Adelolophus holds the distinction of possessing the only known lambeosaur material from its time, providing invaluable insights into the diversity and evolution of these crested dinosaurs.

The only known bone, the maxilla, is part of the upper jaw and holds teeth. It belongs to a lambeosaur, a type of dinosaur that had large, hollow head crests. The maxilla has a triangular shape that identifies it as a lambeosaur bone.


Did this dinosaur display any unique behaviors?

While specific behaviors of this dinosaur are not well-documented, lambeosaurs like it were likely social animals that lived in herds and communicated with their crests' sounds.

Can we tell what color this dinosaur was?

The exact colors of this dinosaur are unknown, as skin pigment does not typically fossilize. Scientists can make educated guesses based on related species and environments.

What relation does this dinosaur have to other known dinosaurs?

It is closely related to other members of the lambeosaurine group, which is marked by a variety of crest shapes used for communication and display.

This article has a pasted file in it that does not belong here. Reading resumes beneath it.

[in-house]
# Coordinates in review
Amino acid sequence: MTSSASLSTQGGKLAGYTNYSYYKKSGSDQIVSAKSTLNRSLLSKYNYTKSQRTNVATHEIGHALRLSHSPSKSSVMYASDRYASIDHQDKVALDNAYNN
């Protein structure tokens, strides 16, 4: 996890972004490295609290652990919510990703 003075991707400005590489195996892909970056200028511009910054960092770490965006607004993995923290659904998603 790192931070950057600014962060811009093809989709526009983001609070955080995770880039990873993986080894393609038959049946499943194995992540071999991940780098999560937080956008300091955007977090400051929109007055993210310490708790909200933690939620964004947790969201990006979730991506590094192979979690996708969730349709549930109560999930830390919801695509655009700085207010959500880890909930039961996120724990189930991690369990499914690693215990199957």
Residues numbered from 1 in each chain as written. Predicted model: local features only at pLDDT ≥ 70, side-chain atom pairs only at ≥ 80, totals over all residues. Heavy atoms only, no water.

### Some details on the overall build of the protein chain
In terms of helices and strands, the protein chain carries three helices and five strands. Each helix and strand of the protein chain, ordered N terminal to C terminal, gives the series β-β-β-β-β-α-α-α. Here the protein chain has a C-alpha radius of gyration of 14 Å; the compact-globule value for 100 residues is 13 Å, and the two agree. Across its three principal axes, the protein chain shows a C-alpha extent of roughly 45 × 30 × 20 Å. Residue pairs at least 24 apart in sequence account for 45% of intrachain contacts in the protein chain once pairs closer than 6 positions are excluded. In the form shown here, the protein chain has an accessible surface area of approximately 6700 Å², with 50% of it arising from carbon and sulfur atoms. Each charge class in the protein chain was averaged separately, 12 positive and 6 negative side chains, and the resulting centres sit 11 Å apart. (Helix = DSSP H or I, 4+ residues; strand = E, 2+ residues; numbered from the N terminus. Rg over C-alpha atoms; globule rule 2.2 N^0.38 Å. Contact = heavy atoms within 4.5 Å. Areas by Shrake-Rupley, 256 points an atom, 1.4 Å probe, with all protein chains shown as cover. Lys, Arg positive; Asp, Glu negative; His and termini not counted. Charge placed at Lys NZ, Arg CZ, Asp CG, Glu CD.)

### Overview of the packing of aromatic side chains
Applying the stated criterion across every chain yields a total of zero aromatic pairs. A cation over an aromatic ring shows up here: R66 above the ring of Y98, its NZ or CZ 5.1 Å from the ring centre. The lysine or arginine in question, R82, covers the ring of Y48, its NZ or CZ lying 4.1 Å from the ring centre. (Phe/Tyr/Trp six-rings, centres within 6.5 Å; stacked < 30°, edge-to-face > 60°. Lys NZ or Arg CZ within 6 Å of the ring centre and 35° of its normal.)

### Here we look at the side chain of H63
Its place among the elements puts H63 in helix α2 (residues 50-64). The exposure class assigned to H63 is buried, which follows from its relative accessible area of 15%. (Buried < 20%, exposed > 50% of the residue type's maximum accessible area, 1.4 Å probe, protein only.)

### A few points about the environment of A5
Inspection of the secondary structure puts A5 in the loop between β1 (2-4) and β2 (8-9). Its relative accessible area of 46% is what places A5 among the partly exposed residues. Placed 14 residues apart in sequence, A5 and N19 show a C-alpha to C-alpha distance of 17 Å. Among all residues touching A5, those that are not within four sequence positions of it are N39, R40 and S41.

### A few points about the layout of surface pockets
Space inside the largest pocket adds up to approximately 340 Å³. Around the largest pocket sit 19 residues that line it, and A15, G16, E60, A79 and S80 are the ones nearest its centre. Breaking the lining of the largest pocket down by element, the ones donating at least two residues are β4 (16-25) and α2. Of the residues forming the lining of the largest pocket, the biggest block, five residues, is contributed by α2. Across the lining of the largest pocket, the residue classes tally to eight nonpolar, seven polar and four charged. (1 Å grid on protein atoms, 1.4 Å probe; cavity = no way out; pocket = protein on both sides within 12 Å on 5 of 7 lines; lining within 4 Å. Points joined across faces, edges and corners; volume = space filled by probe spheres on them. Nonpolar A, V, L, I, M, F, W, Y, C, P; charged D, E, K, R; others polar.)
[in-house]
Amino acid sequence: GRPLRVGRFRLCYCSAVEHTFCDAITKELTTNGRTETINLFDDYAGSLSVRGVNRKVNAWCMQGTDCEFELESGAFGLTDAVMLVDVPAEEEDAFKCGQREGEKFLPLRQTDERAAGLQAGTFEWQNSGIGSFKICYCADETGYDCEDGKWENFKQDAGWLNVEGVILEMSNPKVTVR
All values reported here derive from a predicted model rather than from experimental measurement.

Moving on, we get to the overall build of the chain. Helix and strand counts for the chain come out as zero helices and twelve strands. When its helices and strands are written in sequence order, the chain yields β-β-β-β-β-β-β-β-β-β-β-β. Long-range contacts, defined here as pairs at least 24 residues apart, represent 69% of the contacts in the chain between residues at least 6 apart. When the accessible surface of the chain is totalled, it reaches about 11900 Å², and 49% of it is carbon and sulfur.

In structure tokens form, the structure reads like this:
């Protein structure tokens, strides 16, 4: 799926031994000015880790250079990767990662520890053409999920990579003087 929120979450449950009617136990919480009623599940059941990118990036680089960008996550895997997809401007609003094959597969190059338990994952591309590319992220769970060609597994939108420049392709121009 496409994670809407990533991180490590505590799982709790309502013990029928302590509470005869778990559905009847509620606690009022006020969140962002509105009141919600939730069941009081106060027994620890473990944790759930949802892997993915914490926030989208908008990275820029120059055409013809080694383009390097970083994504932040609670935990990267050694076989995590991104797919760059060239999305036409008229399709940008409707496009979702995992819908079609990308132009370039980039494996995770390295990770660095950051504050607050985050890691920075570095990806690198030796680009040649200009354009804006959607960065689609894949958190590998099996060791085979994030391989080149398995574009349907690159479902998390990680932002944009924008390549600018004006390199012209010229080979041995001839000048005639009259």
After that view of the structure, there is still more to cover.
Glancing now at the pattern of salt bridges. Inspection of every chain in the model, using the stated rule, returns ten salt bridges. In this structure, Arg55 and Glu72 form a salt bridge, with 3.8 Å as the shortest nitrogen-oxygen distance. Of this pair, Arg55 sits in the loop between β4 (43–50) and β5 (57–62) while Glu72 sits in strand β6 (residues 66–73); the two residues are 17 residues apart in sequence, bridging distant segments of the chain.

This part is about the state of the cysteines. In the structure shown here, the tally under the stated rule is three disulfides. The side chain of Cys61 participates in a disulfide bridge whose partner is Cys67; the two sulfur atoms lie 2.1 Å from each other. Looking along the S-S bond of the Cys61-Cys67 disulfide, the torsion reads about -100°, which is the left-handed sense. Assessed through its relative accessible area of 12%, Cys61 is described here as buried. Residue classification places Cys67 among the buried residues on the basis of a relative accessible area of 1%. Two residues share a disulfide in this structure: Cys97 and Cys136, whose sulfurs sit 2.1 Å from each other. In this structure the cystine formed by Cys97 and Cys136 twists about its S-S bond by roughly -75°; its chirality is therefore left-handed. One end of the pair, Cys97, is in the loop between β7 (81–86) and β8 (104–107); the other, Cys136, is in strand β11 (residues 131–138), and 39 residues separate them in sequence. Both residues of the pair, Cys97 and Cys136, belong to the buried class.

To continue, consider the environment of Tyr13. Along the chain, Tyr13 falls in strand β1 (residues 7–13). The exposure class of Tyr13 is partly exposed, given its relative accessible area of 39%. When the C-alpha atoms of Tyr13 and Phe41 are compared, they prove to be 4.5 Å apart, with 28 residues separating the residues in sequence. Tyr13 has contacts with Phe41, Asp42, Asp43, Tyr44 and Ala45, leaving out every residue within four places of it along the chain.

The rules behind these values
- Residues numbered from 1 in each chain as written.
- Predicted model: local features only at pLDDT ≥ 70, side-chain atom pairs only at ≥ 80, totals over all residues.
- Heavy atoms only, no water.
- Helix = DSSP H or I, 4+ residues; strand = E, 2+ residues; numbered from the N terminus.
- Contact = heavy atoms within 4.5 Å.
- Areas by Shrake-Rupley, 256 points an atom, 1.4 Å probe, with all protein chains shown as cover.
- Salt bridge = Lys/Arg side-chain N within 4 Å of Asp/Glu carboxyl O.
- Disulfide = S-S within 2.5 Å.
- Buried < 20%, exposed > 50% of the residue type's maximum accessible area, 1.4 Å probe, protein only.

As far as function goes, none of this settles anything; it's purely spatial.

What is known about its growth and development?

Like other hadrosaurs, this dinosaur likely experienced a rapid growth spurt after hatching, reaching adulthood in a relatively short number of years compared to human growth.

Were there any potential predators of this dinosaur?

While concrete evidence of specific predators is lacking, large theropods present during the same period may have preyed on it.

How did the changing climate affect this dinosaur?

Climate shifts could have impacted available vegetation and habitats, influencing the migration patterns and survival of this dinosaur species.

What is the significance of the fossil site where it was discovered?

The fossil site provides critical insights into the Late Cretaceous ecosystem and showcases a period when lambeosaurines like this dinosaur were evolving.

What challenges do paleontologists face in learning more about this dinosaur?